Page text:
The Offload: Springbok heavyweights heading for Pro14

South African sides set to join European competition; Joy Neville’s strange exclusion

Could Makazole Mapimpi’s Sharks be swimming in Pro14 waters next season? Photograph: Steve Haag/Getty

Could Makazole Mapimpi’s Sharks be swimming in Pro14 waters next season? Photograph: Steve Haag/Getty

 

Incoming: South African heavyweights

The Pro14 is back! Don’t worry about the lack of meaningful games in the opening rounds or the refusal to shift the Irish interpros out of the Christmas window because that is when mass gatherings are guaranteed, even though the public know full well all the best players will be in Ireland camp preparing for the Six Nations.

Not to worry, help is coming and sooner than you might think. And don’t fret about the ongoing strife between Virgin Media and eir Sport that denies 300,000 Irish households the ability to watch the games because next year’s broadcasting deal will be the sweetest of them all.

On Tuesday SA Rugby are going to transform the old Celtic League into The Pro16. The Sunday Times are reporting it as an “open secret” that the Stormers, Bulls, Sharks and Lions will be added in the coming days. That’s right, actual Springboks are coming to Europe in 2021.

Super Rugby was already abandoned in 2020 but this would put the last nail in that convoluted competition. If the development of the sport is a genuine motivation, then New Zealand and Australia will ensure that Japanese and Pacific Island franchises are also visible next year.

Joining the European club scene, especially the Champions Cup, is the logical move for South Africa (100 rand is €5). We are getting ahead of ourselves but imagine, instead of Leinster versus Dragons as an opening gambit, next season launches with the Sharks and Lions on a four match tour of Ireland while Ulster and Munster kick off with two weeks roaming between the high veldt and Cape Town.

Most of all it would legitimise a competition that - besides Connacht’s fairytale run in 2016 - has failed to capture the imagination of Irish rugby supporters.

RDS reopens

Friday night at The RDS was an intimate affair. Just the players, coaches (including Andy Farrell, perhaps contemplating the promotion of Harry Byrne), match stewards and some of the hardest working journalists in Ireland. Same as the reopening of the Aviva stadium, temperature checks and social distancing were rolled out in a professional and safe manner.

Unfortunately there was no Dan Leavy - in what seemed the ideal environment to reintroduce the flanker to rugby after 17 months recovering from double knee surgery - but we did witness a fast paced Ulster A side stretching the hosts losing streak to two matches thanks to Bill Johnston’s 51-metre penalty before Craig Gilroy’s late try secured a 29-14 victory.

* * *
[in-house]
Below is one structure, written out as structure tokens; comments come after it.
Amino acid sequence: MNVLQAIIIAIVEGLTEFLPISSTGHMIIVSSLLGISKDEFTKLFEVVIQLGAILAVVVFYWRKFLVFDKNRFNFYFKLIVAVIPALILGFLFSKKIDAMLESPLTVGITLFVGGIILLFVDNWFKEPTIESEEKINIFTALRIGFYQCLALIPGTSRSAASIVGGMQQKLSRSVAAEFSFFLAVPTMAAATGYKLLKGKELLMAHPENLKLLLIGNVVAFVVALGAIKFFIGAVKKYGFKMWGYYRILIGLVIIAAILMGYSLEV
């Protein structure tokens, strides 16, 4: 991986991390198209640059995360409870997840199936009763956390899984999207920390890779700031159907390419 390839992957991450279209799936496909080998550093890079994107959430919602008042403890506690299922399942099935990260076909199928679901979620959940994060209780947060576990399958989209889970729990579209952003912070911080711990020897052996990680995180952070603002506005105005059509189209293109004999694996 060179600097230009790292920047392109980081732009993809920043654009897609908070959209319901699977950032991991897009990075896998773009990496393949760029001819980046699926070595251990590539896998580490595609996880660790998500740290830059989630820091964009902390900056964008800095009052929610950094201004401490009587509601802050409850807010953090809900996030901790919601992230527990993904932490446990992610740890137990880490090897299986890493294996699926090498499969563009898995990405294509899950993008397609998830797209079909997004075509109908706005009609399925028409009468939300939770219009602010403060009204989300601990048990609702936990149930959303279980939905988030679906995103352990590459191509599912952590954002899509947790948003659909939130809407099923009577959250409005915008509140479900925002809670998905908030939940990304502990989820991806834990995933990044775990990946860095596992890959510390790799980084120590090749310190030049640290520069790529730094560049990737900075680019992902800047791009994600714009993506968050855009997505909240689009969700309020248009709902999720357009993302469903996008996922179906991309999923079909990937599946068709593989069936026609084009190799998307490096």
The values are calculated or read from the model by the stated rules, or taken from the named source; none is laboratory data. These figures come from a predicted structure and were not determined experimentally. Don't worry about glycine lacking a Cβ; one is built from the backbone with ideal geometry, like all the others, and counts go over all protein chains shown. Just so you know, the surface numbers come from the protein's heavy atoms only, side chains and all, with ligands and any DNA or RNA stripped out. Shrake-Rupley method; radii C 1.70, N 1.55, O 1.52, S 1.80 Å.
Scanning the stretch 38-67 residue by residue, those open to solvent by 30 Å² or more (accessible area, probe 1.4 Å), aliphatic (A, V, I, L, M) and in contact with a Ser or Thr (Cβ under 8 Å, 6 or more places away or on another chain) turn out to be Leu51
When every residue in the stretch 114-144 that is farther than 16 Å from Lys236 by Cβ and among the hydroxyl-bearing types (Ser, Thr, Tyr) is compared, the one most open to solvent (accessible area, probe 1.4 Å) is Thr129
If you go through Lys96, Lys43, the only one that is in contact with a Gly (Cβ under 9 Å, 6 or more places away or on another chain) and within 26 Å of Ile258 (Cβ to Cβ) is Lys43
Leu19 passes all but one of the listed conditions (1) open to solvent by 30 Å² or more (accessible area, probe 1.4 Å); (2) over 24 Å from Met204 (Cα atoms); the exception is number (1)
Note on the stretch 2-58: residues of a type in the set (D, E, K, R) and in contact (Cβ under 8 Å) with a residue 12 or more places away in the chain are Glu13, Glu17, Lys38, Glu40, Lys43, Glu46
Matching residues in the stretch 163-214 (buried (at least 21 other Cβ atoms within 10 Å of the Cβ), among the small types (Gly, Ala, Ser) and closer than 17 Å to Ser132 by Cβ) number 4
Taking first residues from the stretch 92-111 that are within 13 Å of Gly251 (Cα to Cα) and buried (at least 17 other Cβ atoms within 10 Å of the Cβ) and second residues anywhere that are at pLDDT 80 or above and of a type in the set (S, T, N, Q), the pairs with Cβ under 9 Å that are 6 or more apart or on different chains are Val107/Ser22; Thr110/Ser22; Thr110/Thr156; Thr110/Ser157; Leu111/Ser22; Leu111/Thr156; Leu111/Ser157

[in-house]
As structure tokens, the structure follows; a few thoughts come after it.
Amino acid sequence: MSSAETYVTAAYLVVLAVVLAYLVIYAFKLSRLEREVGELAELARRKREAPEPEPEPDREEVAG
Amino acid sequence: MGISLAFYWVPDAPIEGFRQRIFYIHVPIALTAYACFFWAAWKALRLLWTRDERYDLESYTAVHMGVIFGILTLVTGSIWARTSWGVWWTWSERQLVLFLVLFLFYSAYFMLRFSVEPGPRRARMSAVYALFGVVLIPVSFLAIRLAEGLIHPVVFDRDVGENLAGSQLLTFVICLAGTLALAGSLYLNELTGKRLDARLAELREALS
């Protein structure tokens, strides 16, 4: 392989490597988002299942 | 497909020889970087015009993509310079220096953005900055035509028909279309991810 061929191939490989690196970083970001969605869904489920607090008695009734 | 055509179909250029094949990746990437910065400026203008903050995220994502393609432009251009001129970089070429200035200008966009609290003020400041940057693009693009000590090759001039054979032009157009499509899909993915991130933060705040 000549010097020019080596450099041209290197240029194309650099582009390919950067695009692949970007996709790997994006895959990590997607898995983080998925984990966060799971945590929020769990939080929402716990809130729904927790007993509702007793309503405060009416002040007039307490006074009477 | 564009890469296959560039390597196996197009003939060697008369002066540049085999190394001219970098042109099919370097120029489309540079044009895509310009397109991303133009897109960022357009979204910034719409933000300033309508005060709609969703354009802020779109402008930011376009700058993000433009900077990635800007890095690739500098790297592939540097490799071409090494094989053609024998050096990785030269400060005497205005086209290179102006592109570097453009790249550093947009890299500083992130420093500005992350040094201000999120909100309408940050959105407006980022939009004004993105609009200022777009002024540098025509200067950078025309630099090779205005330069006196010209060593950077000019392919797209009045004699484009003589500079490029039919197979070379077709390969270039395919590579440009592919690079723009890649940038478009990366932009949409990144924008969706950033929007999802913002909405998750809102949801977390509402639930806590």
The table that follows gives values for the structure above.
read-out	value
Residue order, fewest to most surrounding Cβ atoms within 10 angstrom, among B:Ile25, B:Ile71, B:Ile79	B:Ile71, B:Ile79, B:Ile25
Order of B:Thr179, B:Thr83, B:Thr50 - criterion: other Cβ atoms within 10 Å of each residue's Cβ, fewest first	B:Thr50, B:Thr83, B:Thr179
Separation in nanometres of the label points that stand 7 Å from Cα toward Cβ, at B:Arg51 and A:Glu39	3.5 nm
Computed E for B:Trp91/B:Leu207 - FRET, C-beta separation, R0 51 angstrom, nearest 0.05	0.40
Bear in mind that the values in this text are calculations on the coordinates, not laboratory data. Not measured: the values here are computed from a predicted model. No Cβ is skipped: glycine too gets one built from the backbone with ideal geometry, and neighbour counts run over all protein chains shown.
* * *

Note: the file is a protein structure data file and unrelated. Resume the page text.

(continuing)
Rugby returned to the RDS last Friday night. Photograph: Morgan Treacy/Inpho
Rugby returned to the RDS last Friday night. Photograph: Morgan Treacy/Inpho

What else? Jack Dunne’s hair and body have grown into his six foot eight inch frame. We also await the arrival of Munster’s six foot nine inch Waterford lock Thomas Ahern. James Ryan and Ryan Baird are primed to become the long term Ireland secondrow partnership but they will need plenty of relief to survive the long road to France 2023. Dunne and Ahern certainly offer the necessary physiques.

The only shame about the RDS reopening is we do not expect another competitive match on the old horse track until Edinburgh visit for the Monday night experiment on November 16th.

Word of mouth

“The press campaign will be skilfully orchestrated to create a bad buzz and it will have one objective: to present myself in your eyes as guilty.” World Rugby vice chairman Bernard Laporte claims the French prosecutors investigation into his relationship with Mohed Altrad and Montpellier is an attempt to spoil his reelection as FFR president.

By the numbers

76 - minutes is how long it took for Racing 92 outhalf Finn Russell to pick the Saracens lock and create Juan Imoff’s match winning try.

No Joy for Neville

We note each appointment of a Grand Slam winning number eight to the higher echelons of refereeing. Joy Neville finished up playing in 2013. She reffed a World Cup final in 2017. If she was a man she would be established on the global stage by now.

She even survived the rite of passage all touch judges must suffer; the hair dryer treatment from Johnny Sexton after the Michael Rhodes tackle in the Champions Cup quarter-final.

Maybe her achievements as a female player and referee of women do not count in the eyes of the male decision makers. It is unquestionably a faster paced game with professional male players more inclined to cheat, and while her appointment as the first female Television Match Official for a significant men’s Test match - presuming the Georgians don’t shoot any more of their players before facing Wales on November 21st - is to be applauded, we wonder why it is taking so long to give her the whistle.

Her 70 caps for Ireland and all the evidence we have seen since should be sufficient. Maybe she is not ready - we doubt that - and maybe she won’t be as good as Andrew Brace - we doubt that too - but the referee appointments for the autumn series leave a lot to be desired.

The resounding sound bite from the 20x20 campaign came from RTÉ’s Elaine Buckley: “Women have to achieve ridiculous levels of achievement in order to get basic levels of respect.”

“Well said Elaine,” Neville responded on twitter, “WELL SAID.”

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